English III Honors
Prohibition was the eighteenth amendment. It prohibited the production and consumption of alcoholic beverages. People would have never thought of "excoriating" alcohol until the 19th century (Tyrrell 16). During this time widespread crime and dismay arose. Some beneficial things did come out of this period of chaos such as women were able to prove themselves as people their temperance movements. During this time many things happened that led to Prohibition's strongest point and to its fall. Prohibition proved to be a failure from the start,. Prohibition was scarcely adhered to and also widely defied but out of this women had a chance to voice their opinions and prove themselves.
Article V deals with amendments. Either house or law makers can propose amendments. In order for an amendment to be passed the House of Representatives and the Senate must ratify by three quarters vote. On January 29, 1919, the Secretary of State announced that on January 16th thirty-six states had ratified the amendment and therefore it had become a part of the Constitution.
Temperance movements were vital keys to the ratification of the eighteenth amendment. Temperance at first meant abstaining from distilled liquors, but later would be the complete avoidance of alcohol. Both men and women would participate in temperance across the United States. Women finally had a voice in these issues. Women temperance movements would include gathering around saloons, pharmacies, and other places that distributed alcohol that could be consumed. In these gatherings women would sing prayers, recite psalms, and persuade people to avoid drinking alcohol.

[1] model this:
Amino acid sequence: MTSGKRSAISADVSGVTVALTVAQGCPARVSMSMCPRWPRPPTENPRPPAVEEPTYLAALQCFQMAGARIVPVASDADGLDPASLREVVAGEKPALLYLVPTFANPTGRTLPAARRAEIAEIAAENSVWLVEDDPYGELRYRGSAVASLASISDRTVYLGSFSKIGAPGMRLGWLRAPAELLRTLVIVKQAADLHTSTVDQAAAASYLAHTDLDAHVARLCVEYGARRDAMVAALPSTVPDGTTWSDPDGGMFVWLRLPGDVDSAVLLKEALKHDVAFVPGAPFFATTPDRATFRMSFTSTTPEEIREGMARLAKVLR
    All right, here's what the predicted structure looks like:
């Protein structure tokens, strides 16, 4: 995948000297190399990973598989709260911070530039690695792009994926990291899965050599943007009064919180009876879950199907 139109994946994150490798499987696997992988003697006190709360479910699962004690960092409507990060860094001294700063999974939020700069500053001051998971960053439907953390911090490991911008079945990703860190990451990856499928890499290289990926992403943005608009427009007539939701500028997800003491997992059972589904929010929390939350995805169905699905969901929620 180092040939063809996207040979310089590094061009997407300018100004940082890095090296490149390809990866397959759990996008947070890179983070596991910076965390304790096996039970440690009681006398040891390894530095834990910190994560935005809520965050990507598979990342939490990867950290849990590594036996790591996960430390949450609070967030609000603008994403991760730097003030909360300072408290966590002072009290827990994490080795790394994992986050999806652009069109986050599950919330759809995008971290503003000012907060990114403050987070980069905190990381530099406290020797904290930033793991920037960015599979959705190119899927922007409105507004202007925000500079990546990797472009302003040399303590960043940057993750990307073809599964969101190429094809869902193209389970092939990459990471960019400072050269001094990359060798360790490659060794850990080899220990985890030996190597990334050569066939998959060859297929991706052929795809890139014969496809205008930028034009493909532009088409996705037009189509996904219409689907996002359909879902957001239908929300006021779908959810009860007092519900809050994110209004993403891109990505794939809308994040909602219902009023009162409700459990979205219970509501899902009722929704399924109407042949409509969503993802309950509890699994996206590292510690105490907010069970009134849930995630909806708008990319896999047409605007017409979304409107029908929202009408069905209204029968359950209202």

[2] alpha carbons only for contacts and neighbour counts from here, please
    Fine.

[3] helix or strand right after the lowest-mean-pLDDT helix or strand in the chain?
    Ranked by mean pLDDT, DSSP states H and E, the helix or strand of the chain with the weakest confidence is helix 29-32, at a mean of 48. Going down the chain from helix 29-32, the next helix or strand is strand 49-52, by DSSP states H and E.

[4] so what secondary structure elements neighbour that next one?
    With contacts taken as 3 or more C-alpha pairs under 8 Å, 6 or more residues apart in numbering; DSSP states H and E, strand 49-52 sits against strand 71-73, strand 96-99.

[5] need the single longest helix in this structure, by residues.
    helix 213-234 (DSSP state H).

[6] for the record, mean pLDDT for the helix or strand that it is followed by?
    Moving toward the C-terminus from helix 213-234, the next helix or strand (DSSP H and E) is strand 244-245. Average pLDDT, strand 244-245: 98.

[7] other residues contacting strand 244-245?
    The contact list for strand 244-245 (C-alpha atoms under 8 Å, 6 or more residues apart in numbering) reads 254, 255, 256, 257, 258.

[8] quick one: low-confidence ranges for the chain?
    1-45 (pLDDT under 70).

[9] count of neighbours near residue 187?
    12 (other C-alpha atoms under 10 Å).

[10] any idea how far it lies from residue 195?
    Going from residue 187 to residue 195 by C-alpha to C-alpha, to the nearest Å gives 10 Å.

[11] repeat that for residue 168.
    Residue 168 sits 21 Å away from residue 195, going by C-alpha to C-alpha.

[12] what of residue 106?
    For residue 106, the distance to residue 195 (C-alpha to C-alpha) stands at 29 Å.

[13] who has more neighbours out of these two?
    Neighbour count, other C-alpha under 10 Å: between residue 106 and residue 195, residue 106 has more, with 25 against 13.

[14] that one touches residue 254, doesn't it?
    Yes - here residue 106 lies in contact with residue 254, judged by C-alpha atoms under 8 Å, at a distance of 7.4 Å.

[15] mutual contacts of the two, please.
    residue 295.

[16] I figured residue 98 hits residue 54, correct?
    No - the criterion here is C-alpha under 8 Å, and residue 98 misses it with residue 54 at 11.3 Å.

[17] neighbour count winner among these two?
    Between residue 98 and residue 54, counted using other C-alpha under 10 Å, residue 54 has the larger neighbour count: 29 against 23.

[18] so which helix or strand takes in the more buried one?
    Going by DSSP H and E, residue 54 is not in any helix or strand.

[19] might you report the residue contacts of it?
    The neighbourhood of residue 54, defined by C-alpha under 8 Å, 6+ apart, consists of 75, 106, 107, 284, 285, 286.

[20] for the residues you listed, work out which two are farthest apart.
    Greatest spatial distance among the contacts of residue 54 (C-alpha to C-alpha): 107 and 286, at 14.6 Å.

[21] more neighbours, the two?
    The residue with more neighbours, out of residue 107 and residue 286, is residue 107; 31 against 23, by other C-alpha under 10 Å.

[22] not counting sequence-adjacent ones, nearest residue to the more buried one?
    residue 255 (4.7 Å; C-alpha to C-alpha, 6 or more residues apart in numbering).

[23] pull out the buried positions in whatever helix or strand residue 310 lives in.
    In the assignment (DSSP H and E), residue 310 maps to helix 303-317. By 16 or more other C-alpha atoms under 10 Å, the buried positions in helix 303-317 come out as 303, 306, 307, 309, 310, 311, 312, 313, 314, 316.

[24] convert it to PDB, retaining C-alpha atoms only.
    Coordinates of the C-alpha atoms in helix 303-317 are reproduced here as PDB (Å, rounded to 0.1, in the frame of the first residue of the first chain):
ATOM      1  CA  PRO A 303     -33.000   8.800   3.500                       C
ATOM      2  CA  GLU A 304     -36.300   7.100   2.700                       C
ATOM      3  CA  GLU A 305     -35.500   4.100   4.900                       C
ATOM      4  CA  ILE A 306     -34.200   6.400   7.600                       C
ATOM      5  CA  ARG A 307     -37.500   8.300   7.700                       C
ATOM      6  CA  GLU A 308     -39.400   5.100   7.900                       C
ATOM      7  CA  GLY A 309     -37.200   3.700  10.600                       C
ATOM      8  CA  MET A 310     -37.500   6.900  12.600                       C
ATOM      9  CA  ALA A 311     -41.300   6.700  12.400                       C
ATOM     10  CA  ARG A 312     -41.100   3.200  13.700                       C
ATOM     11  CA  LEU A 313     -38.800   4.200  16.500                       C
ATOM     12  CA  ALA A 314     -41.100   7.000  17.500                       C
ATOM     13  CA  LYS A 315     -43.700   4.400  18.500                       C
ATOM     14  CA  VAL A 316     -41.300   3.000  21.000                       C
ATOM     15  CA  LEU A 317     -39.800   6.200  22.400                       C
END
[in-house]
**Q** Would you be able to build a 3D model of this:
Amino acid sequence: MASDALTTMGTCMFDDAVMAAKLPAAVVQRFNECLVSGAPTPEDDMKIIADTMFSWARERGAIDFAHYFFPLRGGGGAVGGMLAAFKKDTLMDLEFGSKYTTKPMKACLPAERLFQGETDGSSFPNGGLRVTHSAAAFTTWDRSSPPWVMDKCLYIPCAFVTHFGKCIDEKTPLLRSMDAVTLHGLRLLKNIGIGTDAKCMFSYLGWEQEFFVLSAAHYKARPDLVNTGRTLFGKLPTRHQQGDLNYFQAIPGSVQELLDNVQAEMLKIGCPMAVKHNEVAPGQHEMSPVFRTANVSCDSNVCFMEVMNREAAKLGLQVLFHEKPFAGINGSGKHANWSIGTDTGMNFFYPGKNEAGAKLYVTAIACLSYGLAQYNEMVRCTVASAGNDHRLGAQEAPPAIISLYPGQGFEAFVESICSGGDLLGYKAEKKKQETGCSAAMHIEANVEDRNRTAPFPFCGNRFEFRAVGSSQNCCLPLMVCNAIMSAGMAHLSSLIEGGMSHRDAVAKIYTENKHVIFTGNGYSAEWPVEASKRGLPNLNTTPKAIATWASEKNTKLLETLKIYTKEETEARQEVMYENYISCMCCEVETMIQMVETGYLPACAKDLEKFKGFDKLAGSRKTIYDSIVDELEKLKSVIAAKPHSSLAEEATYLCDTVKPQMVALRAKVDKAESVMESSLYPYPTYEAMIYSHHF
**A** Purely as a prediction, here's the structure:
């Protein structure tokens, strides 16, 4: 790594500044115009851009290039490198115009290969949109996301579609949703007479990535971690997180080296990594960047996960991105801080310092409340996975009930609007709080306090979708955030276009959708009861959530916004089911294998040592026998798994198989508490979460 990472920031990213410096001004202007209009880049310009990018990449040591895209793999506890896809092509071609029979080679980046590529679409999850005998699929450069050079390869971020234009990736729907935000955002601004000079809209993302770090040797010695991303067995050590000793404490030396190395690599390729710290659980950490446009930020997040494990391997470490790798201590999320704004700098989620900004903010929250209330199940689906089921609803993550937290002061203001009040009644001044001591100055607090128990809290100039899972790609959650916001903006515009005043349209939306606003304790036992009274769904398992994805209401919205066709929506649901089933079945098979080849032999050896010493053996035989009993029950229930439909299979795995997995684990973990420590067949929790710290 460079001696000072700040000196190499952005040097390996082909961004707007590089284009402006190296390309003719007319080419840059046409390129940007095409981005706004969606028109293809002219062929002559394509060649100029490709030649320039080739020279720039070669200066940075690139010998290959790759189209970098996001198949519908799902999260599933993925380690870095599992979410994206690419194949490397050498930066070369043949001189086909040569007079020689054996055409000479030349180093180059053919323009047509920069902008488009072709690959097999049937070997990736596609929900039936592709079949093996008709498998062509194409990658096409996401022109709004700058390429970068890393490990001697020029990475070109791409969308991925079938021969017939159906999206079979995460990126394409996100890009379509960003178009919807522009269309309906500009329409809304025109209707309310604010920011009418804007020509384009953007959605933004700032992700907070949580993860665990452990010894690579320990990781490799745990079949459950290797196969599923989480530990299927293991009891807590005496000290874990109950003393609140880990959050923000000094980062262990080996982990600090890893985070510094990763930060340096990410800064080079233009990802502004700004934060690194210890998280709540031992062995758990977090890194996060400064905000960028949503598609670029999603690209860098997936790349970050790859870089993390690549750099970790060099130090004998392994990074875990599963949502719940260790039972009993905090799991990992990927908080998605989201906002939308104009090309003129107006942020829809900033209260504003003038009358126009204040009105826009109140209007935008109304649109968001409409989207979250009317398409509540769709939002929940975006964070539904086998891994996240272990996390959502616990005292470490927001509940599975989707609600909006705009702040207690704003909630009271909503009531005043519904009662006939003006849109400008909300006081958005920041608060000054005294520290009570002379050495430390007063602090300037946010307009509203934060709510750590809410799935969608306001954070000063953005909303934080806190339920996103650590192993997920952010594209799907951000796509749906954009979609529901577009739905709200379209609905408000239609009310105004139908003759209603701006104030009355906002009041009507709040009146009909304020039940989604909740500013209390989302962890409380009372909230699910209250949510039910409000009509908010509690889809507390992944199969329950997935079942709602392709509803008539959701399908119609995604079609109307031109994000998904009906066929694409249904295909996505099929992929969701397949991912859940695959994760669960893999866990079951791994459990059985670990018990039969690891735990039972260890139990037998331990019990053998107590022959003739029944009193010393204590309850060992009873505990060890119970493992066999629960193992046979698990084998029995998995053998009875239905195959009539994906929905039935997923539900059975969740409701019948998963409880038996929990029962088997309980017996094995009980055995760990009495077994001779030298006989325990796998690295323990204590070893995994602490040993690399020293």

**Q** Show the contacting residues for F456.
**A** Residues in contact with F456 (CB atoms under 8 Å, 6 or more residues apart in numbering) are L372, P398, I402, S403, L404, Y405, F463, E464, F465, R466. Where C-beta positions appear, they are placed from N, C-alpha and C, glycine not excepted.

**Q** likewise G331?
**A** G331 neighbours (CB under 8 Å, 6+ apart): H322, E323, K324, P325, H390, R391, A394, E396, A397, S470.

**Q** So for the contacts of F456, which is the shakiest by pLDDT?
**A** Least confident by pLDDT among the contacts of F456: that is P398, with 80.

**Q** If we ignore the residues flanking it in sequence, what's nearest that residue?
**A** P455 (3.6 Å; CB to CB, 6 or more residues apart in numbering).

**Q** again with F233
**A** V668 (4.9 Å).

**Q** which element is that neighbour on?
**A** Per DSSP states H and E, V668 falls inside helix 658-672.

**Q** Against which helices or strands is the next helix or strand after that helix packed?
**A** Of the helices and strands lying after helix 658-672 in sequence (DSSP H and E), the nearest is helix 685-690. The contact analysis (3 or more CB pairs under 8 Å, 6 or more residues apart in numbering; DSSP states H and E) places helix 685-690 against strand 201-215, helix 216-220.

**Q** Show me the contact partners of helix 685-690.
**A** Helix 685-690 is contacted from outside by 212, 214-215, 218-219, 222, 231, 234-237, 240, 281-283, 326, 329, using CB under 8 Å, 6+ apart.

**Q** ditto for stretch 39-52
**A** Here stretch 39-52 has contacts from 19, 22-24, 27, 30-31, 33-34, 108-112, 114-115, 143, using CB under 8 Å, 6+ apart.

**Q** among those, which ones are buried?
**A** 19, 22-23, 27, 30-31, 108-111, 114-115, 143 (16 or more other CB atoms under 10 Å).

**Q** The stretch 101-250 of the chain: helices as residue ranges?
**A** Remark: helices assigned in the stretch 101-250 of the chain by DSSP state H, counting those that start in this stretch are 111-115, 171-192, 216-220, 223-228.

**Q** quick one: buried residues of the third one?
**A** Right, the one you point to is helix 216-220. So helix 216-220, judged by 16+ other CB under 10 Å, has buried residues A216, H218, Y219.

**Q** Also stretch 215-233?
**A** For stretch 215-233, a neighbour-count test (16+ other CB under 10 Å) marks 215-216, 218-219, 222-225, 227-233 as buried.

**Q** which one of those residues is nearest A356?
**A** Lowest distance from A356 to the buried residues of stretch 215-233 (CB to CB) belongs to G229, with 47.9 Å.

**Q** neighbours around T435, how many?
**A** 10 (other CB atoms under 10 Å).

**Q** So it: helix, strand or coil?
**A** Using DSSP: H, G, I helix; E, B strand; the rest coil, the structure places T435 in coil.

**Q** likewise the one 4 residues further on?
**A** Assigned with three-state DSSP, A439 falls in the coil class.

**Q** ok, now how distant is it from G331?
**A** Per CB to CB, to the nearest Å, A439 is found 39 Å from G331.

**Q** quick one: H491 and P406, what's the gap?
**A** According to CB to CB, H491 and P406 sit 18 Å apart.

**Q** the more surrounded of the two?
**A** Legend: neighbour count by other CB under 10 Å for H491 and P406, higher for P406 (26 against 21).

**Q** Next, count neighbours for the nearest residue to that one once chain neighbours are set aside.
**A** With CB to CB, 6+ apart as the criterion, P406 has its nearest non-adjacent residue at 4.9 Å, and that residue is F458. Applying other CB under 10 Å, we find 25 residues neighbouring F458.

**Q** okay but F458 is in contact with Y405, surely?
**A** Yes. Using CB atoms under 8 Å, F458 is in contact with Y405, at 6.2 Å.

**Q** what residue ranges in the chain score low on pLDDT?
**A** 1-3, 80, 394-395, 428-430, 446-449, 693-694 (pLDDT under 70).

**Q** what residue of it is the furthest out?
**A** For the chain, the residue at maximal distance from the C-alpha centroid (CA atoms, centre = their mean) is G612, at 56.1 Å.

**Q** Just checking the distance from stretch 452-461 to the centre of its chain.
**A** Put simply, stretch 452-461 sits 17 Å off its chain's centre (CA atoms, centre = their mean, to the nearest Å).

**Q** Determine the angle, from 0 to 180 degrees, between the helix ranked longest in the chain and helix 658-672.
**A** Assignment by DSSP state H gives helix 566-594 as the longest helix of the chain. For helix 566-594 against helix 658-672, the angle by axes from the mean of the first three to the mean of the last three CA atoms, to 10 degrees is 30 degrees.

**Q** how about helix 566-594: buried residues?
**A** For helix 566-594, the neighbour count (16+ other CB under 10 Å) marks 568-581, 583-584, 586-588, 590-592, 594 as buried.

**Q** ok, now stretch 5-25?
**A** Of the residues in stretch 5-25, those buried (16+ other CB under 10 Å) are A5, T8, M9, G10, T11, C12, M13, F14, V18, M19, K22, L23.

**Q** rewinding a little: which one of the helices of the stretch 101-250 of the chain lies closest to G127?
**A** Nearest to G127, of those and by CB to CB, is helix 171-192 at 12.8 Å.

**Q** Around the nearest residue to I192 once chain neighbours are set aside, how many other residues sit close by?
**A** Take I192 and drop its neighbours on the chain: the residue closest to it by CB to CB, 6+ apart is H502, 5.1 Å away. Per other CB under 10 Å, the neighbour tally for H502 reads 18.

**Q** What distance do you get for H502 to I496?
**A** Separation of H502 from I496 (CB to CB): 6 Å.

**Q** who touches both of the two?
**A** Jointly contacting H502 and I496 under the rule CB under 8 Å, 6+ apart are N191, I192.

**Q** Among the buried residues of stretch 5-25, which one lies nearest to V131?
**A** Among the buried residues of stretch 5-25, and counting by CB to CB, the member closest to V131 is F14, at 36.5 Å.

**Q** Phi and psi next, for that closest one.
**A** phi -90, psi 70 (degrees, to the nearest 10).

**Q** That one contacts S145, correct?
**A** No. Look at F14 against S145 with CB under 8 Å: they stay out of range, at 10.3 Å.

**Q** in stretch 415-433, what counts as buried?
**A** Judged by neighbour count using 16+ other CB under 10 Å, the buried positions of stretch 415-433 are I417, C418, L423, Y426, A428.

Among the men of these temperance groups was a Connecticut preacher named Lymm Beecher. He was well known for his work with temperance movements. He was also known for his publishing, Six Sermons on the Nature, Occasions, Signs, Evils, and Remedy of intemperance. He was a...
Cited: Coffey, Thomas M. Prohibition in America 1920-1933. New York: W.W. Norton &
Lucas, Eileen. The Eighteenth and Twenty-First Amendments. Berkeley Heights:
Enlsow Publishers, Inc, 1998.
Tyrrell, Ian R. Sobering Up. London: Greenwood Press, 1979.
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